Europe South Asia Asia Pacific Americas Middle East Africa BBC Homepage World Service Education



Front Page

World

UK

UK Politics

Business

Sci/Tech

Health

Education

Sport

Entertainment

Talking Point

In Depth

On Air

Archive
Feedback
Low Graphics
Help

Sunday, October 17, 1999 Published at 17:23 GMT 18:23 UK


UK Politics

Kinnock attacks Livingstone's record

Neil Kinnock: "Ken Livingstone invented the loony left"

Former Labour leader Neil Kinnock has attacked London mayoral hopeful Ken Livingstone, currently riding high in the opinion polls.

He accused Mr Livingstone, former head of the Greater London Council, of destroying the body and inventing the "loony left".


[ image: Ken Livingstone is not popular with the Labour establishment]
Ken Livingstone is not popular with the Labour establishment
"I certainly would never vote for Ken Livingstone on the basis of his past record, but also on the basis I think of his motivations too," said Mr Kinnock, who fought bitter battles with the party's left wing during the 1980s.

Mr Kinnock's comments come after a new opinion poll which said Mr Livingstone would win a mayoral election even if he lost out on the coveted Labour nomination and stood as an independent candidate.

The Mori poll, published in the Mail on Sunday, said Mr Livingstone was the first choice of 42% of respondents, far ahead of his nearest rival, the Tory candidate Lord Archer on 25%.


The BBC's Carole Walker: "The last person the Labour leadership wants to win is Ken Livingstone"
Former actress and junior transport minister Glenda Jackson came third with 13% while Frank Dobson, who gave up his job as health secretary in an attempt to be mayor, attracted just 12%.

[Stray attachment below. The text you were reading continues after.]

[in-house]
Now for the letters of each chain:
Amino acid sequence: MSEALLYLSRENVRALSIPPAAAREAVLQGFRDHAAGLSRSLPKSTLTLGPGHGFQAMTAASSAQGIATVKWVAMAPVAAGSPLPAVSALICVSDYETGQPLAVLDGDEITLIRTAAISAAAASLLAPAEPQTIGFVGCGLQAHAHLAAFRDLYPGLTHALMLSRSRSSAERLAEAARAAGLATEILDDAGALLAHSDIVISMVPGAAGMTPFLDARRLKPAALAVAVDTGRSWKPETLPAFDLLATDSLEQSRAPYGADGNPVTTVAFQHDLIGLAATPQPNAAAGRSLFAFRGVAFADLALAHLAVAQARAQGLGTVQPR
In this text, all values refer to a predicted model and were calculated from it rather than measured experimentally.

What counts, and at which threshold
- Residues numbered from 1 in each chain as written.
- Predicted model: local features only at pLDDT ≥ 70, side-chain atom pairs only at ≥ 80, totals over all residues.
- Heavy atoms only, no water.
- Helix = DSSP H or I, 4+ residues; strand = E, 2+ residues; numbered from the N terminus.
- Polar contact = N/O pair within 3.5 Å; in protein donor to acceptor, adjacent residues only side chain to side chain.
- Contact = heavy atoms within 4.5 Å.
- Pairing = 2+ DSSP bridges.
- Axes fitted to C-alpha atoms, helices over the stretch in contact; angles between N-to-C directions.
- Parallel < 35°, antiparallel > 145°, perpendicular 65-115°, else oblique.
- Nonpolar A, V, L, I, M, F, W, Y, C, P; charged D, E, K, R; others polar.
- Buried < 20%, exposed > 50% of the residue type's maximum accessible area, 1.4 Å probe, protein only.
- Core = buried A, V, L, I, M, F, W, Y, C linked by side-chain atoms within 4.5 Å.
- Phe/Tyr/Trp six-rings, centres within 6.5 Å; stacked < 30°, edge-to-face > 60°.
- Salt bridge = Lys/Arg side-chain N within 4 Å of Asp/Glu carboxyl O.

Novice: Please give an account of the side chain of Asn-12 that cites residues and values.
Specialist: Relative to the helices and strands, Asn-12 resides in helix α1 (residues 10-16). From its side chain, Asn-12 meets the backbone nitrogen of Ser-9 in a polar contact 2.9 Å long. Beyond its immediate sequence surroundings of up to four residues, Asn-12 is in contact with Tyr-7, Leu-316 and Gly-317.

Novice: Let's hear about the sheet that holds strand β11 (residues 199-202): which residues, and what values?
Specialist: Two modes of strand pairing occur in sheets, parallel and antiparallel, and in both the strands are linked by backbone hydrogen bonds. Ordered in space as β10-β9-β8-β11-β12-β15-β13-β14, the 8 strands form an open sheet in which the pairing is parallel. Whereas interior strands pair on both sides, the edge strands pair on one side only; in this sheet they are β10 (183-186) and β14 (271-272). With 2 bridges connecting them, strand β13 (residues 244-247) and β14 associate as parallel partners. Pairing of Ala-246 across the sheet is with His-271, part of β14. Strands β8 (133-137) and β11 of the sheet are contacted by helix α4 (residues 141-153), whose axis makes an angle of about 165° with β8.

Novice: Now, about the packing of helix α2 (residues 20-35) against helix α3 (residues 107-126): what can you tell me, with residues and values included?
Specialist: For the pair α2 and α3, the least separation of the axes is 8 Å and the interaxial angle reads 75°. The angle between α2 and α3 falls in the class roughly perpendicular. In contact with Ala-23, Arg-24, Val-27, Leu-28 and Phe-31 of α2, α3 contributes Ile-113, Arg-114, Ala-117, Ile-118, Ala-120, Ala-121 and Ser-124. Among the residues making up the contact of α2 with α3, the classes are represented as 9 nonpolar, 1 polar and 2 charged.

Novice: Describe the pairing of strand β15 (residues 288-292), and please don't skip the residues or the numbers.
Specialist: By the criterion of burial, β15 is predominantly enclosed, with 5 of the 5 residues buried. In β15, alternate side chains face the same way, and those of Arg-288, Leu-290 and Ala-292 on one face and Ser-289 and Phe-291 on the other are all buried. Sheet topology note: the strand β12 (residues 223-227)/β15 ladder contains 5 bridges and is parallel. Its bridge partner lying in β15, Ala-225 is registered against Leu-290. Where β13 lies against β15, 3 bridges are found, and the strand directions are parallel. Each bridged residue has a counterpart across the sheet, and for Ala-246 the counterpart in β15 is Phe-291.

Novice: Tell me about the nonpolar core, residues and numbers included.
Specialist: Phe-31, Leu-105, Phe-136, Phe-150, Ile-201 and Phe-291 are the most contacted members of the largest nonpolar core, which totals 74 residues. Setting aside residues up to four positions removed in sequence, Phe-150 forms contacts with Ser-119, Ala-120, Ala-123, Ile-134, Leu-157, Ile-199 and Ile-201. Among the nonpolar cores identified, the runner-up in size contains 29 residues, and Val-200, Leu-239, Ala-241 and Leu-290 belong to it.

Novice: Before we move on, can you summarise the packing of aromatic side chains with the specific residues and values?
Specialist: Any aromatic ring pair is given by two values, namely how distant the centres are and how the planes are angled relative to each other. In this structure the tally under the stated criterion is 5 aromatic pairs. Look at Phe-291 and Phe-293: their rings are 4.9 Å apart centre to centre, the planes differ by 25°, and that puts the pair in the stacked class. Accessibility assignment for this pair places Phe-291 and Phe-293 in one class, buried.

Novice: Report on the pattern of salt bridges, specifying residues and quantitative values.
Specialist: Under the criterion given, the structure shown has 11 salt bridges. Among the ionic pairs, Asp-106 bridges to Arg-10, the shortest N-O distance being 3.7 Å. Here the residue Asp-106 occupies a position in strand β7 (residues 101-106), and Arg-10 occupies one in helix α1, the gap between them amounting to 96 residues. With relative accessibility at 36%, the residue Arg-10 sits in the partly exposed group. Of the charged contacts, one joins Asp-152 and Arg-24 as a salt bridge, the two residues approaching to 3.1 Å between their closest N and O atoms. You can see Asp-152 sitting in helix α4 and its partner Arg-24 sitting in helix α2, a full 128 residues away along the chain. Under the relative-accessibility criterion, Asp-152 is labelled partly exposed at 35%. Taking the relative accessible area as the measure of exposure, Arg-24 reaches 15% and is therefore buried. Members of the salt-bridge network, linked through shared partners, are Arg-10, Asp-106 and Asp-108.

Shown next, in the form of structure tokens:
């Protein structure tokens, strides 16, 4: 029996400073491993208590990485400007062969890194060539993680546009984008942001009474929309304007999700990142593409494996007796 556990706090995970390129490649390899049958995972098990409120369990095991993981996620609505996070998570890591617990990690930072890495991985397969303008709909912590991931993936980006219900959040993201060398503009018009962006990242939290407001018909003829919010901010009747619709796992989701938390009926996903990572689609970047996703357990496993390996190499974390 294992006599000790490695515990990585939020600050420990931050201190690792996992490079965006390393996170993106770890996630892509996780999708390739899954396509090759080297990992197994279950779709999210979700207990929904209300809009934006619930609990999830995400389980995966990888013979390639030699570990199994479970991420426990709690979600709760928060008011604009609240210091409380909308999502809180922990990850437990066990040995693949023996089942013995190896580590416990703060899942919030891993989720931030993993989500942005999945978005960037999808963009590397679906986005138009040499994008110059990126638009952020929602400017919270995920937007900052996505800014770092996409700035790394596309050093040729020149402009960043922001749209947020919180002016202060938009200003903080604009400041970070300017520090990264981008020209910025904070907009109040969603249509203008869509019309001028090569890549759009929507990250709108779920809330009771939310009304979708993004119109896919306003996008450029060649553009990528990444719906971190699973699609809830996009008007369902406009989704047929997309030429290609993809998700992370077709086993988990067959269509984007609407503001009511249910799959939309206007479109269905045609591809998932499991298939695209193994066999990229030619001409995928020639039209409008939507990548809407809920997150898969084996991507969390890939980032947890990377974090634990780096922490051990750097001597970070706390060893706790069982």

The Liberal Democrat candidate, Susan Kramer, came fifth with 10%.

Mr Kinnock said Mr Livingstone would use the job to "provide himself with a permanent platform for opposition", and said he would be backing Mr Dobson, seen as the favourite of the Labour leadership.


[ image: Frank Dobson is a late entrant into the race]
Frank Dobson is a late entrant into the race
But the pollsters found Mr Livingstone's chances of success would actually increase, to 48%, if he was cold-shouldered by Labour and stood as an independent.

In that event Mr Dobson, as the official Labour candidate, could count on only 22% of votes.

Foreign Secretary Robin Cook also gave his backing to Mr Dobson on Sunday.

Political Correspondent Carole Walker says Mr Dobson was persuaded to put himself forward by the Labour establishment, in a desperate attempt to prevent Mr Livingstone winning the party's nomination.

The leadership fears Mr Livingstone because he is a "left-wing maverick" whom they cannot control, she said.

The Mori poll, which surveyed more than 1,000 Londoners, suggests attempts by Prime Minister Tony Blair to "fix" the nomination system would backfire.

Of those polled, 77% said Mr Blair should not try to stop Mr Livingstone from becoming the official Labour Party candidate.



Advanced options | Search tips




Back to top | BBC News Home | BBC Homepage | ©


UK Politics Contents

A-Z of Parliament
Talking Politics
Vote 2001

Relevant Stories

15 Oct 99 | UK Politics
Ken 'clear favourite' for mayor - poll

14 Oct 99 | UK Politics
Electronic count for mayor

12 Oct 99 | UK Politics
Unions get vote for Labour's mayor

08 Sep 99 | Wales
Kinnock states need for EC reform





Internet Links


Ken Livingstone

Glenda Jackson

Trevor Phillips

London Forum (Lord Archer)


The BBC is not responsible for the content of external internet sites.




In this section

Livingstone hits back

Catholic monarchy ban 'to continue'

Hamilton 'would sell mother'

Straw on trial over jury reform

Blairs' surprise over baby

Conceived by a spin doctor?

Baby cynics question timing

Blair in new attack on Livingstone

Week in Westminster

Chris Smith answers your questions

Reid quits PR job

Children take over the Assembly

Two sword lengths

Industry misses new trains target